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Ghana welcomes IMF $3bn bail out package to ease economic hardship in the country

A logo is seen outside the headquarters of the International Monetary Fund June 30, 2015 in Washington, DC.   -  
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Ghanian officials said on Thursday that the $3 billion International Monetary Fund (IMF) bailout approved for the West African nation will help reset the economy and ease the economic hardship on its citizens.

The long-awaited bailout approved by the IMF to aid the government’s economic growth recovery plan, though “far from a magic solution wand” is “a crucial first step on the necessary journey of strong reforms, inclusive growth and relentless pursuit of our growth agenda,” Ken Ofori-Atta, Ghana’s Finance Minister, told an online briefing on Thursday.

The bailout programme signed with the IMF and to be disbursed in at least six tranches over three years will cushion the economic toll on Ghanaians who have protested the spiralling increase in the prices of goods.

With the first tranche of $600 million expected soon, Ernest Addison, Bank of Ghana governor, urged various sectors to support the government’s economic agenda.

“This is now the time to begin the work. The programme’s approval is just the beginning of the real work of building Ghana better,” Addison said at the briefing.

The IMF said it will be monitoring the implementation of the economic programmes anchored on three principles: restoring macroeconomic stability, ensuring sustainable growth for the macroeconomy and laying the foundations for stronger and more inclusive growth.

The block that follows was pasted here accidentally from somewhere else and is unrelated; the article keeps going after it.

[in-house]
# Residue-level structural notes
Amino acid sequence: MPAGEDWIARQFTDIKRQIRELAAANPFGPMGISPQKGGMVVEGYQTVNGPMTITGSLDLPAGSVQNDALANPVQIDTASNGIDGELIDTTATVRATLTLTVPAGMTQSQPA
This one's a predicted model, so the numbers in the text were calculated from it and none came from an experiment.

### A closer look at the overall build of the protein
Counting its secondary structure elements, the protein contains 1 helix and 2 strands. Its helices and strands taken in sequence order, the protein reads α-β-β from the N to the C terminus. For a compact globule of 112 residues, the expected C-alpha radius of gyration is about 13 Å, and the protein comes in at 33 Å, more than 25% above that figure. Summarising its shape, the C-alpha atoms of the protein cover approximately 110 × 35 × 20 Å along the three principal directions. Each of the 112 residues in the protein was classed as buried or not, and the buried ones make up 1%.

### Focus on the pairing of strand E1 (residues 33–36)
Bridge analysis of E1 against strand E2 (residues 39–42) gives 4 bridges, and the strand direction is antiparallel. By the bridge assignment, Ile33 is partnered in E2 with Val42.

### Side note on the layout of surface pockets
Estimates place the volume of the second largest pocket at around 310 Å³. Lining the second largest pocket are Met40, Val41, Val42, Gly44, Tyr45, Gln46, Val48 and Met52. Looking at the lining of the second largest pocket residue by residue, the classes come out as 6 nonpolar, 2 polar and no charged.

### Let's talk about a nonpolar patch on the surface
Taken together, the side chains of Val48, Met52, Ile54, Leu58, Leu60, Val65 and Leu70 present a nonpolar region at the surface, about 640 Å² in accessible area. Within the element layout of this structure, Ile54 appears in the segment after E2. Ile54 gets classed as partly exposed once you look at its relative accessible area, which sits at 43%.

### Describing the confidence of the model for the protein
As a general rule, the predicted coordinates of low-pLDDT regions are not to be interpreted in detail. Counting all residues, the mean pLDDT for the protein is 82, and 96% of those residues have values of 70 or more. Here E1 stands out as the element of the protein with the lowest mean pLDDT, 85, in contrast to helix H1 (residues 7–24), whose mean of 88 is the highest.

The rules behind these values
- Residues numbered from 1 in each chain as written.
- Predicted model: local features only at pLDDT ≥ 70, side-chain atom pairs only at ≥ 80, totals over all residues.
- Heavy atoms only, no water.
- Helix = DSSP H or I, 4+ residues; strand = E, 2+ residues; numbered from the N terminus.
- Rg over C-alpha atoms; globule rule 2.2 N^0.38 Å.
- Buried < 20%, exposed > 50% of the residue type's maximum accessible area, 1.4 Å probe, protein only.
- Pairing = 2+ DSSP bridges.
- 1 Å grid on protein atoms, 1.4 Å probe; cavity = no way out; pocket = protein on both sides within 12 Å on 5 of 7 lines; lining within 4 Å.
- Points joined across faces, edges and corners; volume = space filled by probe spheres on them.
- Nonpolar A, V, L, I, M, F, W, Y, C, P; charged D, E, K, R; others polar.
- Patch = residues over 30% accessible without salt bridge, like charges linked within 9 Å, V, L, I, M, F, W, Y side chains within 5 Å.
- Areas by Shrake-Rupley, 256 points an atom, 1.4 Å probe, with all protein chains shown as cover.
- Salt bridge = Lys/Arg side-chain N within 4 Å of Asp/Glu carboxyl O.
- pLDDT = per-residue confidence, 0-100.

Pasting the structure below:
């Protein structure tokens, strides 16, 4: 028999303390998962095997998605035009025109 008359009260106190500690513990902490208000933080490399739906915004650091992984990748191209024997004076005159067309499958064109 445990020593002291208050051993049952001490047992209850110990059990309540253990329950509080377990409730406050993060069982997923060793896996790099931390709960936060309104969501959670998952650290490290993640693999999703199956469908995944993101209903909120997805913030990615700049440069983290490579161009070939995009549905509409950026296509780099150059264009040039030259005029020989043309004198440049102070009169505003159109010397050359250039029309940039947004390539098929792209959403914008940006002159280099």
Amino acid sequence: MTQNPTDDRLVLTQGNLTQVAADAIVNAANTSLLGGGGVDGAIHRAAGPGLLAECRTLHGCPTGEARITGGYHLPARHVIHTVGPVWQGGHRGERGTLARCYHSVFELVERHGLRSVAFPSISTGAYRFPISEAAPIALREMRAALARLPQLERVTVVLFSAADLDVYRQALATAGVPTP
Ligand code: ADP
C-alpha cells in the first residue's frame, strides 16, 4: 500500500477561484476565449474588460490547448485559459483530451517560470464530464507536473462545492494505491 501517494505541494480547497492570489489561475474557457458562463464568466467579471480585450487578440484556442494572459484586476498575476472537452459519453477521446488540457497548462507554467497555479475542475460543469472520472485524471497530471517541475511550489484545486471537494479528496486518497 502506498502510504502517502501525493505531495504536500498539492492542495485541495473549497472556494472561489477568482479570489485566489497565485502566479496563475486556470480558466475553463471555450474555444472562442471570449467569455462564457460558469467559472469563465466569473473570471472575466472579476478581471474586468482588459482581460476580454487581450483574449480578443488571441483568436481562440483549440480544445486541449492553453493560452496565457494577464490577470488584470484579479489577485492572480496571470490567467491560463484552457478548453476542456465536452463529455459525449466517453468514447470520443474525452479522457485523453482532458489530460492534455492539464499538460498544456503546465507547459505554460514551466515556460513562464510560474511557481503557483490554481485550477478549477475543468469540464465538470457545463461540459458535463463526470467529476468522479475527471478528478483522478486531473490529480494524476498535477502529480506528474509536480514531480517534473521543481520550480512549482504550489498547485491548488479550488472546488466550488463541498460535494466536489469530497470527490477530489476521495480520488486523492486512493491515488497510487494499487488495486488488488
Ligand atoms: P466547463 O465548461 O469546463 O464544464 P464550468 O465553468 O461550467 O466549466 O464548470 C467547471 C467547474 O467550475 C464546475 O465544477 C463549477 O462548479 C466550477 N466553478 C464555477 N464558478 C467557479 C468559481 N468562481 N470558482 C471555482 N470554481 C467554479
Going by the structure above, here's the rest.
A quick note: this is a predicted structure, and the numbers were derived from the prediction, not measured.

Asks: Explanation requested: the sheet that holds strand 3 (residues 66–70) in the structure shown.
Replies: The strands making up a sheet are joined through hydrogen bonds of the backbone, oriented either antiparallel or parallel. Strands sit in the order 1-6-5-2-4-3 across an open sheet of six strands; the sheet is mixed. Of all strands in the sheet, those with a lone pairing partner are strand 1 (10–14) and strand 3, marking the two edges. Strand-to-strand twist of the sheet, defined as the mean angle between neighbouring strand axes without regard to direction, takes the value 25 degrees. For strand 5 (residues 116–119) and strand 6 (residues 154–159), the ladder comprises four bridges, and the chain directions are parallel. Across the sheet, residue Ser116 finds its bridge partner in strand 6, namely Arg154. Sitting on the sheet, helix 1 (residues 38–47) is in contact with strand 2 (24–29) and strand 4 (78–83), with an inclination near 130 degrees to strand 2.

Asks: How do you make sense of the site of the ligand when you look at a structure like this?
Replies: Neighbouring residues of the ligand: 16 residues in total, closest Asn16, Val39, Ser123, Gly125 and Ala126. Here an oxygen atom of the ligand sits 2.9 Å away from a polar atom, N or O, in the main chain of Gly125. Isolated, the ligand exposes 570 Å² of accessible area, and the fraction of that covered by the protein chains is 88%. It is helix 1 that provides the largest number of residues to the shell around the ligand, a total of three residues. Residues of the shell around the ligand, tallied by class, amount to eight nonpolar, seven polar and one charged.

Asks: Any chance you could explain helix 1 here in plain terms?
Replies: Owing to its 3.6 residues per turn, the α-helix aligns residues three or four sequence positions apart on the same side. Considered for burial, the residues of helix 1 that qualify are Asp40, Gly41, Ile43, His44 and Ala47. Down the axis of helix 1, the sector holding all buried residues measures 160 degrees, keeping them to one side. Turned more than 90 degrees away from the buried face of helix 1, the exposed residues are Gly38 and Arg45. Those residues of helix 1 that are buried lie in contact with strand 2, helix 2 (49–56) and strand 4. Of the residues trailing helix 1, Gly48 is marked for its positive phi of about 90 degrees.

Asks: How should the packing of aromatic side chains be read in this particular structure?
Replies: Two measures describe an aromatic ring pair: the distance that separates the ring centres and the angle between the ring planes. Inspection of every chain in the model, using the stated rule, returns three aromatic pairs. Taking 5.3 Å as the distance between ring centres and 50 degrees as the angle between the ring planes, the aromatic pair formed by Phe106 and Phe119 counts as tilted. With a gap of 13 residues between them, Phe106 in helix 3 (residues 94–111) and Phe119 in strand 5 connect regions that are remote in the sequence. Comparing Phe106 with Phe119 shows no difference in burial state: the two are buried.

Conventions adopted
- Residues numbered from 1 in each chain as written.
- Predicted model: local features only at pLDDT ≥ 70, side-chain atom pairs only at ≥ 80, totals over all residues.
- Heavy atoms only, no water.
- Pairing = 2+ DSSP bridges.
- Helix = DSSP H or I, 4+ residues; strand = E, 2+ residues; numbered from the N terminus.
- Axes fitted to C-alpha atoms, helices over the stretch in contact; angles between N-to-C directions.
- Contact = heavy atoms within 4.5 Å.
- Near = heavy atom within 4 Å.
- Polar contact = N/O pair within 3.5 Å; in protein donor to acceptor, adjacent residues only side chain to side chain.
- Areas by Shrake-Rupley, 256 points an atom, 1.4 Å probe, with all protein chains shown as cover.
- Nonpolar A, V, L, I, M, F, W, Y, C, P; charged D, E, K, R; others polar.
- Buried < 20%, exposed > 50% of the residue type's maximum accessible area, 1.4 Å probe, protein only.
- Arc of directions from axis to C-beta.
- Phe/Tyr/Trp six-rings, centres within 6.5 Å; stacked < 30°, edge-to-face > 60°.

“This programme, policies and reforms together with the debt restructuring will help overcome immediate economic challenges and pave the way for a brighter future for all Ghanaians,” said Stephane Roudet, the head of the IMF’s mission to Ghana.

While Ghana’s minister of finance, Ken Ofori-Atta, and members of the IMF made the announcement in Washington, people in Accra urged the government to find solutions to deal with their most basic needs.

“Sometimes, because of the economic crisis, I can’t buy normal food,” said Obed Amofa, resident of the city, who complained that while his salary remains the same, the prices of basic products keep increasing.

And when consumers don’t have money, the commerce suffers.

“This year, everybody is complaining [that they] don’t have money. When they come, they see your goods and go,” commented Seth Bonney, a market seller of clothing and accessories in central Accra.

“I think the government should do something about it because the economy is so bad, and everybody is complaining,” he added.

One of West Africa’s regional hubs, Ghana has been reeling from an economic crisis as a result of soaring inflation, a weakened currency and rising public debt that is gulping most of its dwindling revenue.

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